SHEEP and cattle prices at the Gippsland Regional Livestock Exchange remain good, and in many instances are out-competing other regional saleyards, participants at a seminar on the future of the saleyards were told on Tuesday.
Despite the gloom-and-doom sentiment around low numbers and dry conditions, and amid fears that farmers are sending stock to saleyards in other regions, Brendan Fletcher from the Meat and Livestock Association said stock prices were up, and figures showed that Sale’s GRLE sales were strong, and getting stronger.
“Cows were dearer [at Sale] today and cheaper last week,” he said.
Wellington Shire took over the management of the Gippsland Regional Livestock Exchange in April, after the Victorian Livestock Exchange Pty Ltd surrendered its lease to the council, in line with its strategic direction.
Tuesday’s seminar — attended by about 30 farmers, council officers and industry representatives — was the first ‘steakholder’ seminar aimed at determining a plan for the saleyard’s future and looking at ways to increase throughput.
The council spent $3.3 million on the facility and is hoping to maintain it as a quality livestock selling facility in the shire.
There was a mix of good and bad news for stakeholders at the seminar, with sales “resilient”, but weather predictions poor.
Caroline Love from Agriculture Victoria said climate predictions showed there was little hope on the horizon for drought-breaking rain, but the state government was increasing support programs.
She said the just-announced state government $5000 infrastructure grants were in direct response to the increasingly dry conditions, while Agriculture Victoria was providing a range of support programs, including new one-on-one consultations.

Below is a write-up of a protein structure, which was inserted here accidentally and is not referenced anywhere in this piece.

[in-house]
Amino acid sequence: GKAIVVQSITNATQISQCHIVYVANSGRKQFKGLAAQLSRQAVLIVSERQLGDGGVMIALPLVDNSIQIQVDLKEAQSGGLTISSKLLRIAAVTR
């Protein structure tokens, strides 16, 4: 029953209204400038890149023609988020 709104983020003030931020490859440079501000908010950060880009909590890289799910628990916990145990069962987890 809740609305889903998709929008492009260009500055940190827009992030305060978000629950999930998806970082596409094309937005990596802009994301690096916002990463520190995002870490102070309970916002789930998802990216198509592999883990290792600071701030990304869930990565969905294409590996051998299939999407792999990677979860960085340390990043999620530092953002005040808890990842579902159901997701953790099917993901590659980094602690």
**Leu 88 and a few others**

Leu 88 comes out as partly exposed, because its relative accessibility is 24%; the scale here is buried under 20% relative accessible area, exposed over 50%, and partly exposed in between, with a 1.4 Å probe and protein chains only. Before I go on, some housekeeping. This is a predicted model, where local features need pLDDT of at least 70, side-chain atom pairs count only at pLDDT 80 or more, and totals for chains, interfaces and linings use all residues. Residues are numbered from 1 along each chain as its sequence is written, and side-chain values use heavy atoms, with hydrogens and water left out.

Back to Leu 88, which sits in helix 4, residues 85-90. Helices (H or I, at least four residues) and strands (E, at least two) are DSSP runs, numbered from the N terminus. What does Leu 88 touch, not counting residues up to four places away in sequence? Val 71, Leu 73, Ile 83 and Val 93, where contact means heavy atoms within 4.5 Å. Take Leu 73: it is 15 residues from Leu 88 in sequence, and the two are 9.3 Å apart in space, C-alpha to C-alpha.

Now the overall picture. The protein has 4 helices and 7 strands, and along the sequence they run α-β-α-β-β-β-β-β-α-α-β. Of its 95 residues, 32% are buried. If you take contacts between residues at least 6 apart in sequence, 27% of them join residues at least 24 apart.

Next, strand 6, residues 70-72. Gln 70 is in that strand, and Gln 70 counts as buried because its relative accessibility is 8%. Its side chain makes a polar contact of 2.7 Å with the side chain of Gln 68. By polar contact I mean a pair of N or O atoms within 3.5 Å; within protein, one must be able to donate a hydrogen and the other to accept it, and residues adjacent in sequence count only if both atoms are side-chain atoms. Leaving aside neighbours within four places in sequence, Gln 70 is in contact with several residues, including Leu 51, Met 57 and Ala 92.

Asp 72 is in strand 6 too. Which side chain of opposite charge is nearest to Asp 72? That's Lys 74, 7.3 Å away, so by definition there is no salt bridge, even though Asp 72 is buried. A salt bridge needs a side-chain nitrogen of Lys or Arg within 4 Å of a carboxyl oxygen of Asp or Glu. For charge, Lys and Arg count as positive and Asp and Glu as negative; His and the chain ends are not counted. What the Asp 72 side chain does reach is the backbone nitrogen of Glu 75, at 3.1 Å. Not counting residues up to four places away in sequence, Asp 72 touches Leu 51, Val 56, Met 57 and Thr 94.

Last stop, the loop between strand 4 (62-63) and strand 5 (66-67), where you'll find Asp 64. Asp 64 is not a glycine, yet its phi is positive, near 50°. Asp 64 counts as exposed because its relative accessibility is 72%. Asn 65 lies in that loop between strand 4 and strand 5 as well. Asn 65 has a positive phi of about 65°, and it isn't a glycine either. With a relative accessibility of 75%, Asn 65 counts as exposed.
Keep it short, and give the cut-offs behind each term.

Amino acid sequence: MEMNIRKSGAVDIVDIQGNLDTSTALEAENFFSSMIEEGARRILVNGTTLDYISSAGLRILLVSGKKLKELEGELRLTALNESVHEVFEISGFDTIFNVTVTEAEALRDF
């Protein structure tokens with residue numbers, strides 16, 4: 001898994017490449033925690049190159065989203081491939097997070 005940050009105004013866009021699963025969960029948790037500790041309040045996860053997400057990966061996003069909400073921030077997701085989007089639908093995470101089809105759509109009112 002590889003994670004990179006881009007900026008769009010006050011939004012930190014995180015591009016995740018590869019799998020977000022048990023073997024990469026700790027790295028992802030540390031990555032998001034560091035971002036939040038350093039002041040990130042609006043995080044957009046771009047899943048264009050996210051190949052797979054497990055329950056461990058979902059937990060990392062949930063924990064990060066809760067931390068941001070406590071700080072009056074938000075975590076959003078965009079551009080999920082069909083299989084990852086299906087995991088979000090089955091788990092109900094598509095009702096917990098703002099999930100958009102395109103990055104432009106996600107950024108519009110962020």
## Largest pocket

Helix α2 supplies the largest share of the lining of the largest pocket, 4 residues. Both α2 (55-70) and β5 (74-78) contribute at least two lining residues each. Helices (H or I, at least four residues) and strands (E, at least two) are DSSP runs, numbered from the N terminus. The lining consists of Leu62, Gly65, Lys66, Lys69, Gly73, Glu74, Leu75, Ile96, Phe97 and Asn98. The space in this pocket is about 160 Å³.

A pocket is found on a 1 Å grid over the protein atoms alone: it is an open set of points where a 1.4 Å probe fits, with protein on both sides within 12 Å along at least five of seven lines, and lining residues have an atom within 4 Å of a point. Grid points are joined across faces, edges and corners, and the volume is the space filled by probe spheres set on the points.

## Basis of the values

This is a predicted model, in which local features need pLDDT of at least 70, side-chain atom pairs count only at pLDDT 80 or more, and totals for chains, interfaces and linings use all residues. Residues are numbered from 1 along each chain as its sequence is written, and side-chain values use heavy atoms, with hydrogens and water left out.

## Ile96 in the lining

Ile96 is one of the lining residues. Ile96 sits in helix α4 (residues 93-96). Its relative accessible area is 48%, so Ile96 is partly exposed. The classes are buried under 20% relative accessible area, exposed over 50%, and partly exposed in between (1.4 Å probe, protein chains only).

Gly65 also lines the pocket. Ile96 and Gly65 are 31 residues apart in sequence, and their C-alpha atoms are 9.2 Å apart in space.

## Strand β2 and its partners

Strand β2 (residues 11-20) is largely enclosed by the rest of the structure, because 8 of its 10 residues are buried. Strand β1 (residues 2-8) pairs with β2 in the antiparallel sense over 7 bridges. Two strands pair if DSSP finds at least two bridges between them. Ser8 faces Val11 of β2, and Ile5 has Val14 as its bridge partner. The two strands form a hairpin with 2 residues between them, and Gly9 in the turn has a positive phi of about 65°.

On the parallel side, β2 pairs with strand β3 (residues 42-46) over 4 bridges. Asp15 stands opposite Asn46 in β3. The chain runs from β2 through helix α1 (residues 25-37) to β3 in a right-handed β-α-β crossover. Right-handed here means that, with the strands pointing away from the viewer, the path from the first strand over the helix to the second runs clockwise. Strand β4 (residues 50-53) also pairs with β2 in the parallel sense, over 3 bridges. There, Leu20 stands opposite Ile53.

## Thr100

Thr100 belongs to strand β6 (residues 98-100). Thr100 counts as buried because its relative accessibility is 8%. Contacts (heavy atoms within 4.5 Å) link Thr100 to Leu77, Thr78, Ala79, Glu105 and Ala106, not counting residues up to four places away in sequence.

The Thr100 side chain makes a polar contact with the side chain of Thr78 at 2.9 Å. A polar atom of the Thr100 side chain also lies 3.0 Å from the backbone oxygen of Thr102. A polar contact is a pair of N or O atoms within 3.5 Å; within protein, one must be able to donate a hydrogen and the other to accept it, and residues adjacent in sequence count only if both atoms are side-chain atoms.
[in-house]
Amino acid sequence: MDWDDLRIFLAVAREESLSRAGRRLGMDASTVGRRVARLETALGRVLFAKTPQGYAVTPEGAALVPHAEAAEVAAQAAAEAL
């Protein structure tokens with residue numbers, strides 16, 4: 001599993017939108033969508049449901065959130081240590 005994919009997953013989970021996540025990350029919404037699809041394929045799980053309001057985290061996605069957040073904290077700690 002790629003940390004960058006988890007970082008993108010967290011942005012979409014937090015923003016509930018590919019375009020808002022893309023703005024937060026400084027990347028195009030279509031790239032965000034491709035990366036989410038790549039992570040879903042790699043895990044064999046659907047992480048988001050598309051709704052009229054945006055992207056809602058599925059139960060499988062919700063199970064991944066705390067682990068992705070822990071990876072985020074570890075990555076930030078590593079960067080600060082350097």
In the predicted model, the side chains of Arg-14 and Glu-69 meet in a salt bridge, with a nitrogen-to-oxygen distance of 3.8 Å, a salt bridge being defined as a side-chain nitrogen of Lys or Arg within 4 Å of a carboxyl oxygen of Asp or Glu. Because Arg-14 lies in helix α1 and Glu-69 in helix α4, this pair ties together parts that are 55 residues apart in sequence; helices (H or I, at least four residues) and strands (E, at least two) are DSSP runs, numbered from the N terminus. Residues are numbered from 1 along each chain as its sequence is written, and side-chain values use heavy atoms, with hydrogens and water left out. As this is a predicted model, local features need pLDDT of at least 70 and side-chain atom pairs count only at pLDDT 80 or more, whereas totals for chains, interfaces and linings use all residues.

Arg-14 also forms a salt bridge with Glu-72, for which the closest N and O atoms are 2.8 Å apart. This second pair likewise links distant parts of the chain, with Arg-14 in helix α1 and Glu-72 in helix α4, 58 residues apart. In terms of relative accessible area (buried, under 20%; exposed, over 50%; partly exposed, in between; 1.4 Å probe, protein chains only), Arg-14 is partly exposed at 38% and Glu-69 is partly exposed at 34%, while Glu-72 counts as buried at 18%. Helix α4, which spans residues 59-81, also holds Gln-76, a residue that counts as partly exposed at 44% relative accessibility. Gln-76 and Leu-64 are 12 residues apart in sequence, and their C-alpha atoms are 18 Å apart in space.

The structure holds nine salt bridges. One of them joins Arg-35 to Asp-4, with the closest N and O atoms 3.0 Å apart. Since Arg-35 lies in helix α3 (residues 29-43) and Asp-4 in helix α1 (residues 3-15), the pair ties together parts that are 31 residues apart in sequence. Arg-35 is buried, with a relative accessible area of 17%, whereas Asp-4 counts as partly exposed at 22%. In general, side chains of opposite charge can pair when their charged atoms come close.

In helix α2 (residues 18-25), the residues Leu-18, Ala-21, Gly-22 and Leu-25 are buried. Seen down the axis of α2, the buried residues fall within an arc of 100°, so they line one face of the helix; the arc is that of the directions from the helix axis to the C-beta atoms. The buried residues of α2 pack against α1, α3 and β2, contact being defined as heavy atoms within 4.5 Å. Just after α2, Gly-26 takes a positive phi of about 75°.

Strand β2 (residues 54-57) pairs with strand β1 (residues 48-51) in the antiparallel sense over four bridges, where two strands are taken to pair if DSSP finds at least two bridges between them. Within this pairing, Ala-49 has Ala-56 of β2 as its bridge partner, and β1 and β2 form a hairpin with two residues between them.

In addition, an education program for young farmers would be held in Sale in December, to help any farmers “who want to learn” how to better plan and manage farms and finances, particularly in drought.
NAB agribusiness economist Mark McDonald had only positive things to say about the demand for beef and sheep products, particularly the insatiable appetite for Australian wool in China, fuelled largely by the growth of the active wear industry.
The MLA’s Brendan Wade said he believed the future for the state’s saleyards was in technologydriven sales.
He said while many people still wanted “realtime” sales, the move towards technology-driven sales would shape the saleyard’s future, and councils and organisation must “work together” to help that happen.
“The technology is there,” he said.
Leading animal health officer from Agriculture Victoria, Craig Swan, gave a ‘Fit to Load’ talk and provided some guidelines on health, food and rest requirements for animals, as well as some confronting, pictorial examples of inappropriate animal management.
“All parties involved in the movement of livestock must take care to assess the condition of their cattle and the weather conditions, as well as the duration of travel, and ensure that adequate food and rest is provided to meet the needs of livestock,” he said.
After the talks, participants brainstormed ideas on what has worked and what hasn’t for the GRLE, and what Wellington Shire council can do to work with locals to improve the service.